Of the many sub-genres of science fiction and fantasy, I’ve to say that planetary romance is one of my favorite since the first time I read the Barsoom stories by Edgar Rice Burroughs. I was far younger back then, less prone to analyze plot and development of such works, but the “magic” of that novels still works for me, even after many years. Planetary romance is little more than a label, applied to a variety of very different works. That said, it will be pretentious to craft an absolute definition of this sub-genre. I will use this post to state some of the ideas that I get about the main tropes, hoping to raise some question and sparkle a bit of interest in it.
We have the main character, the hero of this environment. A man or a woman that will reach, often by very nebulous ways, an unknown planet. Being this character the hero, we know for sure that a number of tropes will apply; maximum respect for a man or a woman able to adapt in a matter of seconds to an unknown environment. But what does it means?
It stands to reason that Earth-like planets should be similar but nonidentical. The atmosphere of planet X will be constituted by the same gas, but with some difference when it comes to composition. Having more or less oxygen (more or less carbon dioxide) could make a lot of difference for our imaginary hero. The same could be said about pressure and what about the protection against ultraviolet radiation (and other deadly stuff)? We are used to Earth’s peculiar kind of atmosphere, what will happen with some real differences? Possible negative effects on our hero: asthma, death by asphyxia, seizure, convulsions.
What about the local star? Depending on its type, the distance from the planet, the balance of magnetic fields and the composition of the atmosphere, we may have a different level of ultraviolet radiation, a different strength of the solar wind and a different input of cosmic rays. The possible combinations of such factors could shape the whole ecosystem of the planet and contribute to raising (or to lowering) the choices that our hero may survive in the new environment. Possible negative effects on our hero: blindness, death by radiation poisoning.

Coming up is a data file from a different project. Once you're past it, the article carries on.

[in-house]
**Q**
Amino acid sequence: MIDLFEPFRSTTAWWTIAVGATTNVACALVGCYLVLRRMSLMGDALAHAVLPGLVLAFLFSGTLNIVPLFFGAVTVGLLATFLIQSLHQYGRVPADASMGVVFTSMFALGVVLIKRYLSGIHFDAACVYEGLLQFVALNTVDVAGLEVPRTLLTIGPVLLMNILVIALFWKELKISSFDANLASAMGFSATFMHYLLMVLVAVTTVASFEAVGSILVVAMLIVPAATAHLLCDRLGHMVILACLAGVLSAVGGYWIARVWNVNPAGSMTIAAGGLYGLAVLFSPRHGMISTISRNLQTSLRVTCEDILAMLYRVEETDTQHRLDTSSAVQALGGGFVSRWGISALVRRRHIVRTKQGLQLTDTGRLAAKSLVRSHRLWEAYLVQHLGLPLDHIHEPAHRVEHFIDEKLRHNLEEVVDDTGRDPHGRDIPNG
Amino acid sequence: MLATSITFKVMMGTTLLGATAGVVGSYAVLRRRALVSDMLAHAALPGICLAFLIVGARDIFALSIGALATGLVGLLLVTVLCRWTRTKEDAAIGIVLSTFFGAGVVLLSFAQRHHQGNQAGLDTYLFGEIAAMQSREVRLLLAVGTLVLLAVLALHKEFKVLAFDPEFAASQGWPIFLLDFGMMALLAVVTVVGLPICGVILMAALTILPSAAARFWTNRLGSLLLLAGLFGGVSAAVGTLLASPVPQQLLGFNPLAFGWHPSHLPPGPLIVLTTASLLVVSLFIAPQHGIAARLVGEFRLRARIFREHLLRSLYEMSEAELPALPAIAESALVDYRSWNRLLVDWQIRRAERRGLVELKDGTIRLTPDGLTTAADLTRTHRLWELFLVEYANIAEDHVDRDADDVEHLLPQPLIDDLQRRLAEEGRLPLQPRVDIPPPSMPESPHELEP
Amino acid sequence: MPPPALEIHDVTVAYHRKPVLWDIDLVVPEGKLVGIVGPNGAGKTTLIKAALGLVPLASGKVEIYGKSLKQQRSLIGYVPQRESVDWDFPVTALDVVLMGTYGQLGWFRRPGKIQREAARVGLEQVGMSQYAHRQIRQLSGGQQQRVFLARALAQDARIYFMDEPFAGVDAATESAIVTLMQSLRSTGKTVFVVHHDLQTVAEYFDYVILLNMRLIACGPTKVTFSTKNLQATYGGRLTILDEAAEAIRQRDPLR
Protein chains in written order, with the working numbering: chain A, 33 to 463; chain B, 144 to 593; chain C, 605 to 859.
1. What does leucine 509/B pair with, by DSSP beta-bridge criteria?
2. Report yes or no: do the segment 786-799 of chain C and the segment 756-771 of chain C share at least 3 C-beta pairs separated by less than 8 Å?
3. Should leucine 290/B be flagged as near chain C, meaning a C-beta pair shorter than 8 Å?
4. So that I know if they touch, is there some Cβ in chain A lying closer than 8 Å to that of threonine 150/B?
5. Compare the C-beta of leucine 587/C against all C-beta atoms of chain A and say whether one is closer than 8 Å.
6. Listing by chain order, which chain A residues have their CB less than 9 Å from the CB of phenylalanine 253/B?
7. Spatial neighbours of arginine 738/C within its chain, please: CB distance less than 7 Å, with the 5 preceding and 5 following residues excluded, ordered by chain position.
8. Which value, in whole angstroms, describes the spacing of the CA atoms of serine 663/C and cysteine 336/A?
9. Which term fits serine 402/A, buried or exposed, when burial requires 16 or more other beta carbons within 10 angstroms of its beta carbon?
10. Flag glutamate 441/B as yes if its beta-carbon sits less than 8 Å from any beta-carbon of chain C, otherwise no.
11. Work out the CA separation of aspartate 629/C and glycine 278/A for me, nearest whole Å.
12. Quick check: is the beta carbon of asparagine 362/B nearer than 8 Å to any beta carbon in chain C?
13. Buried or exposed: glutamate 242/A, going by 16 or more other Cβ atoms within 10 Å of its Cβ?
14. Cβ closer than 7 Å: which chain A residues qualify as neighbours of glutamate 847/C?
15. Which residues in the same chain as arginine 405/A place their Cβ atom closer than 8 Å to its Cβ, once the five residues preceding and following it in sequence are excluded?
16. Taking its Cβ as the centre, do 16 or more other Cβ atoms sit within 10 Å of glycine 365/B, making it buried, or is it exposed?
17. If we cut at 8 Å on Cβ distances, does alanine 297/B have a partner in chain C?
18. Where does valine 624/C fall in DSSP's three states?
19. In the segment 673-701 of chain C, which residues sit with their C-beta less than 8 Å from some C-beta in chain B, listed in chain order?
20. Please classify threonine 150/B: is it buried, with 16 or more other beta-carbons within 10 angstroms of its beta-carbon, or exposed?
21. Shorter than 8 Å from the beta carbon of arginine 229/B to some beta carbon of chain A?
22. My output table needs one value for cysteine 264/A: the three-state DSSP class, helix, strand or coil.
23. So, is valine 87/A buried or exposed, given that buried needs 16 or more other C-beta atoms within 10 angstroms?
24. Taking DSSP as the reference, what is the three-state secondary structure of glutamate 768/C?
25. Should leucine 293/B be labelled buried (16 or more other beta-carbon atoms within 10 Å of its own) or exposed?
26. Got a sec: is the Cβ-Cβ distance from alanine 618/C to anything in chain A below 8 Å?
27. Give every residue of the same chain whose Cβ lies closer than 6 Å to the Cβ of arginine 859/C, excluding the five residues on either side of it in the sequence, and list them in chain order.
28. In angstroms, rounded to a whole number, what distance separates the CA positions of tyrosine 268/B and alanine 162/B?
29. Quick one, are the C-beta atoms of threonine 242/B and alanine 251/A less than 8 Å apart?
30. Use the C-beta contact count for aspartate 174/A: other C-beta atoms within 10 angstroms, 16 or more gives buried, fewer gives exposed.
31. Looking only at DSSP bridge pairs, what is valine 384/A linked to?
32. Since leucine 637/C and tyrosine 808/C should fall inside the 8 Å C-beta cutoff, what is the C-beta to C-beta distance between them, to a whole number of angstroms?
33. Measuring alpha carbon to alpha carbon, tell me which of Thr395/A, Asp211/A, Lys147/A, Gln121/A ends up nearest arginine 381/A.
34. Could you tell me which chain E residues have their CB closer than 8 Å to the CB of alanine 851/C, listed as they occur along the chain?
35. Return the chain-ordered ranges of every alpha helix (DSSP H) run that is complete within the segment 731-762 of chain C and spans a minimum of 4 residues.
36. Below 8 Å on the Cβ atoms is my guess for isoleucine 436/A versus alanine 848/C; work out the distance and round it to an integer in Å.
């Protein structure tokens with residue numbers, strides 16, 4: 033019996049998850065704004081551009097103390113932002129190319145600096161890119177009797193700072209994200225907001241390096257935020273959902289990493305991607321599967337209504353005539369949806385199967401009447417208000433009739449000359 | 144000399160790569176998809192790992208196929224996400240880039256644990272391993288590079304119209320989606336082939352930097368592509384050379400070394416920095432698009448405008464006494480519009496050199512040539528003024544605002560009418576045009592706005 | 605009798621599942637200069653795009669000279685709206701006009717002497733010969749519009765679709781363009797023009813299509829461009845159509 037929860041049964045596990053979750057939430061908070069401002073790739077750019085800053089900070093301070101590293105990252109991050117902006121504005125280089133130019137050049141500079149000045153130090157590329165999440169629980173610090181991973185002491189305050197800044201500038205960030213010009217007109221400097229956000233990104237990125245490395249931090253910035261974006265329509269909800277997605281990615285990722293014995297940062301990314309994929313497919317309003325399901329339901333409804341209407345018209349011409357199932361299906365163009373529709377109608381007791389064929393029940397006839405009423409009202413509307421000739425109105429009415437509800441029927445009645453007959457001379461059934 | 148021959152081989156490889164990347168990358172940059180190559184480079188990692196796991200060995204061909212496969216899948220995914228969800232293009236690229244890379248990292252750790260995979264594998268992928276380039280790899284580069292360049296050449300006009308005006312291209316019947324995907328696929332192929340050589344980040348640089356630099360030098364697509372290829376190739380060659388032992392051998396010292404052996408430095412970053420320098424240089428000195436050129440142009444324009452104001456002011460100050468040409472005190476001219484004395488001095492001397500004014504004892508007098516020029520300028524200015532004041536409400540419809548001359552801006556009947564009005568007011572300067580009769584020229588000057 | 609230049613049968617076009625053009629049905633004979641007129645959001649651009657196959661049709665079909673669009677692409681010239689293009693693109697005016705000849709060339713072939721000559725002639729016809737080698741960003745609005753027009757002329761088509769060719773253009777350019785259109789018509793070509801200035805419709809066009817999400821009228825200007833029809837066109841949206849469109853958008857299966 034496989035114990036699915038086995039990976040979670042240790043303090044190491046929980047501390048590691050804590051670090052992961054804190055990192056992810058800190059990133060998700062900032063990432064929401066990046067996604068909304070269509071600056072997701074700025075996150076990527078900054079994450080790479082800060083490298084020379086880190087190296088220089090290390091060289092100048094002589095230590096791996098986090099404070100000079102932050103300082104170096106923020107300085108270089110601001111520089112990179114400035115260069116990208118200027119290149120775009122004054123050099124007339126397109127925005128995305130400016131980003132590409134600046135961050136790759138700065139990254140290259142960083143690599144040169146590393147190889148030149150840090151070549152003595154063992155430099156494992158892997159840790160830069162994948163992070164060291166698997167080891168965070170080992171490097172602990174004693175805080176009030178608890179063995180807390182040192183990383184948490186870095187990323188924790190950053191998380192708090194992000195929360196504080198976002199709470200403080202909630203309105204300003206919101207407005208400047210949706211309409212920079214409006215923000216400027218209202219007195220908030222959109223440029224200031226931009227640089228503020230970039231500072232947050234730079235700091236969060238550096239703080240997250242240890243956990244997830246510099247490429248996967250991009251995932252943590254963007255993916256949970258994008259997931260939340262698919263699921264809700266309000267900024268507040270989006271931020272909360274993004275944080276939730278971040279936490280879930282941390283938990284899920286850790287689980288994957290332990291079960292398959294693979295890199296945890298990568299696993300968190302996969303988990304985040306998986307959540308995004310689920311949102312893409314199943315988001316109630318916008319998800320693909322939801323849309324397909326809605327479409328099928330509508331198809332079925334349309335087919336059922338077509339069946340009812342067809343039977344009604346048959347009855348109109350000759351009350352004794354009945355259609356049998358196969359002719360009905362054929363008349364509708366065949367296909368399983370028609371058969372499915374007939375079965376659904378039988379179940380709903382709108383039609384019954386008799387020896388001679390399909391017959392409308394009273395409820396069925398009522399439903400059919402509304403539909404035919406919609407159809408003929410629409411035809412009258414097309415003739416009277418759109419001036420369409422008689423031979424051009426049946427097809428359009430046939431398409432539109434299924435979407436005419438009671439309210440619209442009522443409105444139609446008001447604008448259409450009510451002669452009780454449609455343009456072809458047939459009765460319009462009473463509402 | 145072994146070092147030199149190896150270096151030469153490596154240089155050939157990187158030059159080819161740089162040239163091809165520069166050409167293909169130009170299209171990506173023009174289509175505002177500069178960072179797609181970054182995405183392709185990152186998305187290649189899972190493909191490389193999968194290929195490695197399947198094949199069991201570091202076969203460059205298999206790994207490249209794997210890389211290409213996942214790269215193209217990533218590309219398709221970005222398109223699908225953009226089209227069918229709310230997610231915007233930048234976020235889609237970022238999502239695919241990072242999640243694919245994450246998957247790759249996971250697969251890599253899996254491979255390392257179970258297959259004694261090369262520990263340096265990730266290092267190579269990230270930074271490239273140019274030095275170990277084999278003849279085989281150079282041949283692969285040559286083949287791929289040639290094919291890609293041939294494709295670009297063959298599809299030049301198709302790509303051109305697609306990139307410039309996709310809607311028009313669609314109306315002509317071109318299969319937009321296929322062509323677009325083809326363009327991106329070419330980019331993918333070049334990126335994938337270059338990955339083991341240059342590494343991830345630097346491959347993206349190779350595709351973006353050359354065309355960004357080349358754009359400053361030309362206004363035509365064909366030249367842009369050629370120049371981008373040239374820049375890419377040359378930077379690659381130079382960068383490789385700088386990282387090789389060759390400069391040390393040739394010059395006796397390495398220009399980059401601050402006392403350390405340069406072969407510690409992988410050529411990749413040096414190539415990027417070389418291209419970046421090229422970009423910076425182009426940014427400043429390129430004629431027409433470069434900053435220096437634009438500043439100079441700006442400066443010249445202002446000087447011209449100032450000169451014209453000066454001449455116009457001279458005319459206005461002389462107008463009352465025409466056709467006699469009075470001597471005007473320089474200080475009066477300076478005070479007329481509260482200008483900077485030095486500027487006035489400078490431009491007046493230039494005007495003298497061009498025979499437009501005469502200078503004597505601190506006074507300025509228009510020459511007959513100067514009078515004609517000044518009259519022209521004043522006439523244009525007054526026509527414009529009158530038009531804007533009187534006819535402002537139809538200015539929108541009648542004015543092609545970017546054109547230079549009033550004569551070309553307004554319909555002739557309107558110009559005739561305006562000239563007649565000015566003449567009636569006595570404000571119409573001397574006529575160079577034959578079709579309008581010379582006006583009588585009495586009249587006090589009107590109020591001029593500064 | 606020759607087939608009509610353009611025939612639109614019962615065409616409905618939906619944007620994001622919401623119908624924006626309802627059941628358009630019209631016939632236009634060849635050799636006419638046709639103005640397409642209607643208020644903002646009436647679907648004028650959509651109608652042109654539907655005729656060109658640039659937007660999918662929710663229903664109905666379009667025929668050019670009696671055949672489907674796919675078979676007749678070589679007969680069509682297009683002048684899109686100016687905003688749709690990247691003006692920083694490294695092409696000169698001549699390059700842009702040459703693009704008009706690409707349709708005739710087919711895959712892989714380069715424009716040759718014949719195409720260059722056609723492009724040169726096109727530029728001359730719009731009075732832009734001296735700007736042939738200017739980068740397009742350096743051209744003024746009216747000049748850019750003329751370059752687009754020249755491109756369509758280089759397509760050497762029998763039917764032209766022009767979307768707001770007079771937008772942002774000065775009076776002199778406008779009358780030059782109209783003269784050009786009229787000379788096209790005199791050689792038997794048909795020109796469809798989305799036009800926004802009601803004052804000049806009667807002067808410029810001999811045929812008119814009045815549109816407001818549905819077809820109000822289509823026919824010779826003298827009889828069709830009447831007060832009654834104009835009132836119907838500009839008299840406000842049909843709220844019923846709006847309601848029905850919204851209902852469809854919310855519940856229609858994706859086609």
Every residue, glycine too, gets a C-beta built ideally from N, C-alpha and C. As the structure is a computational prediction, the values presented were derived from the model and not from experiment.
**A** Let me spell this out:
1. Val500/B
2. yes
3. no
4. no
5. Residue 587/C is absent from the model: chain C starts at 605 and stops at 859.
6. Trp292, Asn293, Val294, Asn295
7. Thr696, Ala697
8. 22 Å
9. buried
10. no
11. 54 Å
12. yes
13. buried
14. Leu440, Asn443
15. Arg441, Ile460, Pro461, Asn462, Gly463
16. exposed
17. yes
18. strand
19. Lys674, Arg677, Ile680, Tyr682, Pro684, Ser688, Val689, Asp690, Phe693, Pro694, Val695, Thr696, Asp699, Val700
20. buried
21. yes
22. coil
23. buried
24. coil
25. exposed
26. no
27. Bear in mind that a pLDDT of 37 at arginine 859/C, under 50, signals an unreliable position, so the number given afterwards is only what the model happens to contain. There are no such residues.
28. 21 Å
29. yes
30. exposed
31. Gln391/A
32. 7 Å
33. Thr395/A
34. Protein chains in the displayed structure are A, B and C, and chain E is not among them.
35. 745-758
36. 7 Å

Gravity is a factor often underrated in fiction, maybe for an excessive use of super-science devices onboard spaceships. Even a small difference from the standard G-force, say between 0.95 and 1.05 G, can be easily perceived by our hero. Just imagine how can be problematic a bigger deviation! This will affect even the most basic tasks (walking, jumping, running), not to mention more complicated actions (ballistic, navigation). Possible negative effects on our hero: bone structure and/or muscle structure damage, blood circulation, coordination.
The wildlife in the new planet is always a strong point in this kind of narrative. Exotic in form and in color, absolutely new for our hero, and more than often, used for providing a lot of entertainment in terms of hard-won fights. But what about the basics of such wildlife? DNA and RNA should differ from the models we already know and that leaves room for a whole lot of consequences. What if our hero is absolutely toxic for any lifeform on the planet? What if his/her presence drives mad the local predators? And again, is there any choice that the load of bacteria and viruses that all human carry around could trigger a reaction in the local biome? Possible negative effects on our hero: eating and drinking, without proper enzymes, could be impossible.
Last but not least, the local non-human civilization. Please remember, what we get here is the one-human-against-the-world scenario. Usually the hero is somewhat superior to the locals, but what if the said local simply refuse to recognize the newcomer? What if they perceive a stranger as a threat and put aside any other conflict in order to get rid of the hero? And again, what are the chances that the local civilization could be understandable for our hero? I will return on the subject with a more specific post, just let our hero take a look around and familiarize with the new planet. As you may see, once removed the basic tropes life becomes far more interesting.